A gentle dance opens the rondo third movement; it continues along pleasantly, then turns briefly minor and chromatic before emerging invigorated. The piano picks up this energy and embarks on a brilliant episode filled with sparkling arpeggios and running passages. Along the way, it introduces a lyrical theme, which it soon gives to the woodwinds, so it can continue with its runs. After the return of the gentle dance, the piano presents a new agitated idea in the minor mode. Suddenly, it gives way to a beautiful melody with repeated caressing phrases, first played by piano, then later exchanged and developed between the piano and woodwinds. The third episode recalls the brilliant piano writing of the first, after which the soloist states the main theme one last time. Now playful and exuberant, the dance is extended into a dazzling passage for the piano that drives to the orchestra’s boisterous close.


Symphony No. 1 in C minor, Op. 11

I. Allegro di molto 
II. Andante 
III. Menuetto: Allegro molto 
IV. Allegro con fuoco 

Composer, conductor, pianist, and organist Felix Mendelssohn (1809–47), one of German music’s leading figures of the early 19th century, was a child prodigy of extraordinary musical talent. As a teenager, he composed prolifically; by 1823, he had written in nearly all the main genres of the time, including much chamber music, several Singspiels, twelve string sinfonias, and more than a handful of concertos. Already in these early works he showed a strong command of technique and an assured sense of style, influenced by his exploration and absorption of the music of J.S. Bach, Handel, Haydn, and Mozart.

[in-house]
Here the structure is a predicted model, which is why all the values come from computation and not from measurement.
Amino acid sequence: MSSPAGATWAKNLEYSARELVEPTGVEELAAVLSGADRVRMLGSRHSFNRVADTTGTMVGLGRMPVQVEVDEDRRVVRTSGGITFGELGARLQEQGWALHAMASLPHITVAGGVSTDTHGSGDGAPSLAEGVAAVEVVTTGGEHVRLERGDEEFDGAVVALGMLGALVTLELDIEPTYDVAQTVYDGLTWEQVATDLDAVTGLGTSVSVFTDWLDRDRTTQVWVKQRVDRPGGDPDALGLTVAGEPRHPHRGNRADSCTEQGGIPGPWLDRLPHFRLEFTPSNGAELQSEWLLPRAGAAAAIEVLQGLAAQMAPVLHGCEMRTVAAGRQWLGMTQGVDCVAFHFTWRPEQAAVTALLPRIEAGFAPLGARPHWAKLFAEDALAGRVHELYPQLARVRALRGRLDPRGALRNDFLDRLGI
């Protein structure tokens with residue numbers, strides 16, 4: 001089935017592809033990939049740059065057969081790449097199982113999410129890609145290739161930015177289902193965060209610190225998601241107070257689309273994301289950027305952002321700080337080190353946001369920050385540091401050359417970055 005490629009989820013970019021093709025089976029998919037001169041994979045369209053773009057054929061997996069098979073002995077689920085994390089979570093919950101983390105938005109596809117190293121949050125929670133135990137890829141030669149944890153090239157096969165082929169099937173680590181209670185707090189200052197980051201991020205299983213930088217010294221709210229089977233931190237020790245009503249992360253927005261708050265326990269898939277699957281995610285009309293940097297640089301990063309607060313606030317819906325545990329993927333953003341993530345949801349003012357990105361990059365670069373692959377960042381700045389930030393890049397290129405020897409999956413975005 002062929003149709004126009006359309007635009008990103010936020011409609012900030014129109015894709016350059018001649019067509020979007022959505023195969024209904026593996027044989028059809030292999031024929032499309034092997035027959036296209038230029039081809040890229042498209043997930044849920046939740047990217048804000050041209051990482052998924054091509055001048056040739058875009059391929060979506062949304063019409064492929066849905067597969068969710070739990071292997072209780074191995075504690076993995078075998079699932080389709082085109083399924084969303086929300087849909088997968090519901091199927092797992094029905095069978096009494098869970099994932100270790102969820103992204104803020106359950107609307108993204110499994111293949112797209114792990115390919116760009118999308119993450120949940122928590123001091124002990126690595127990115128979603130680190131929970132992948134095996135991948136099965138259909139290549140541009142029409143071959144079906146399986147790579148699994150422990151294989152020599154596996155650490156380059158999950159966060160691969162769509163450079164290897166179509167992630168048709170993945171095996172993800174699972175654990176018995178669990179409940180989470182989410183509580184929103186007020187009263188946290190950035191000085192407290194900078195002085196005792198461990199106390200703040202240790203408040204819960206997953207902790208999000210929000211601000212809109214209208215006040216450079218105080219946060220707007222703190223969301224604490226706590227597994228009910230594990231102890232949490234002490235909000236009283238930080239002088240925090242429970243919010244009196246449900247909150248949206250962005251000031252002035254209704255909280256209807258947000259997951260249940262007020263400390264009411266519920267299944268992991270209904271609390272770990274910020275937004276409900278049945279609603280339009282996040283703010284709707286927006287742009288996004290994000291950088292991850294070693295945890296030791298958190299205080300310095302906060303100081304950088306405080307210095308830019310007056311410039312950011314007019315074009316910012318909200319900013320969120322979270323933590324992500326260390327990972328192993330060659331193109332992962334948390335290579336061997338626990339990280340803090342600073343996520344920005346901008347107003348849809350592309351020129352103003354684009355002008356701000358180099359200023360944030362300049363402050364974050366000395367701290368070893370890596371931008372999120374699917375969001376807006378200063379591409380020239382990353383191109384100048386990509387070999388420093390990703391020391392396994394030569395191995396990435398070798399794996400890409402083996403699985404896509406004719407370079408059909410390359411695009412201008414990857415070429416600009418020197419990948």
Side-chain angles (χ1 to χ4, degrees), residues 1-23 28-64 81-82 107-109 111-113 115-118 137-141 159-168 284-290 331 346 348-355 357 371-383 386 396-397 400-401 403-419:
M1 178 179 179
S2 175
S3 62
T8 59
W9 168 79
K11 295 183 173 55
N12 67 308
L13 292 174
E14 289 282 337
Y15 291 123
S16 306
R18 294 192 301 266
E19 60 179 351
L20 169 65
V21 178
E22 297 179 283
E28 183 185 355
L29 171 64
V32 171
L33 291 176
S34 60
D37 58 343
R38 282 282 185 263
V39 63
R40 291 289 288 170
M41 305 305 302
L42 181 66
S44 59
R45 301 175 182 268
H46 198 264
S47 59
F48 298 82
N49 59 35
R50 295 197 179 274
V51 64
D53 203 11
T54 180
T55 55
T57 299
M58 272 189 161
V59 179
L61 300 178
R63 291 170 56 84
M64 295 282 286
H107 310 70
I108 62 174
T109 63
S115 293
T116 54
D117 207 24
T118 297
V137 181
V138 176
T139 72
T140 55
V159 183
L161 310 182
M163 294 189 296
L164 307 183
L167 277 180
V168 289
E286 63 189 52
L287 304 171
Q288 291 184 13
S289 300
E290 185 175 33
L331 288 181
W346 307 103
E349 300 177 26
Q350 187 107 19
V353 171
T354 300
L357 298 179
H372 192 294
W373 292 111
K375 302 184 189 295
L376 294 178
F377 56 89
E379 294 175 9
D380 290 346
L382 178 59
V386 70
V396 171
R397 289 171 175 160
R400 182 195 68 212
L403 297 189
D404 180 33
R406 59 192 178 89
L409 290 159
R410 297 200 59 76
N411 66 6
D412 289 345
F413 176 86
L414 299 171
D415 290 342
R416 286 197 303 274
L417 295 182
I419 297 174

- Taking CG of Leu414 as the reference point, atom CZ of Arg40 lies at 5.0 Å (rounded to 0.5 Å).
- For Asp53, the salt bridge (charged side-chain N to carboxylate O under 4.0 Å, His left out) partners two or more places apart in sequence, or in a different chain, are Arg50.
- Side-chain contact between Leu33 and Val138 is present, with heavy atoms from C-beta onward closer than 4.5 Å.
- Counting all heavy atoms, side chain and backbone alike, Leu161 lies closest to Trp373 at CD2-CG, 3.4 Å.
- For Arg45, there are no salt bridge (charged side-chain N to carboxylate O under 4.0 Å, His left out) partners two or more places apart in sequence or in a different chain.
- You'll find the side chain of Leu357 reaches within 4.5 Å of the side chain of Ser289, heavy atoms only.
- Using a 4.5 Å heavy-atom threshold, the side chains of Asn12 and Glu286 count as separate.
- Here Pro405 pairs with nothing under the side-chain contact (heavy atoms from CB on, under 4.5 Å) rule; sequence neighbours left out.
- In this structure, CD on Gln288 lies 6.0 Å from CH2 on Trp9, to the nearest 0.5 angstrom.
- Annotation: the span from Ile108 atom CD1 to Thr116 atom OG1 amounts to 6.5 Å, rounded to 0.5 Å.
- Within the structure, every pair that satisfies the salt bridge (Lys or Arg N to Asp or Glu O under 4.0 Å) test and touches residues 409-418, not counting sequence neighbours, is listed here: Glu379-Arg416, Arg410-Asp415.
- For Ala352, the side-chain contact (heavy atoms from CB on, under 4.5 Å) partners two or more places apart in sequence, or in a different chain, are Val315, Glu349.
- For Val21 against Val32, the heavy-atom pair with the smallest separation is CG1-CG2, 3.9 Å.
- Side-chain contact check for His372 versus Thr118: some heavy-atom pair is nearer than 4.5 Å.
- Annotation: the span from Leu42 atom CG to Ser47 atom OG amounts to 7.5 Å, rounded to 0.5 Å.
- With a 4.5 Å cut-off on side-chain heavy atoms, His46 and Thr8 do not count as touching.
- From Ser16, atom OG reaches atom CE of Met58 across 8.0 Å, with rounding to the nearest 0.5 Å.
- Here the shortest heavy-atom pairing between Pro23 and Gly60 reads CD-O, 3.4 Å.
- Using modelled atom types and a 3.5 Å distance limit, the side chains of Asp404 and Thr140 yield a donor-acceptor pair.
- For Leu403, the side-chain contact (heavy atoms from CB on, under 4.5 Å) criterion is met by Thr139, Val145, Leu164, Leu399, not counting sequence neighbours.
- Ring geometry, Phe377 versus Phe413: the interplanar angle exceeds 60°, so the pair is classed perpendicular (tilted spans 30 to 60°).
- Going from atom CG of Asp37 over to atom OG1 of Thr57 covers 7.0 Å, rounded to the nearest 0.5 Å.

At the end of 1823, Mendelssohn was writing his 13th string sinfonia, but by the following year, he had changed it to include woodwinds and brass, and the work thereby became his first symphony. Completed soon after he turned 15 years old, it was initially performed on March 31, 1824. Five years later, while on his grand tour of Italy, France, and England, he made his official English debut on May 25, conducting this symphony at the London Philharmonic Society’s seventh subscription concert of the season. Although successfully received with repeated performances, Mendelssohn withheld it from publication for another five years.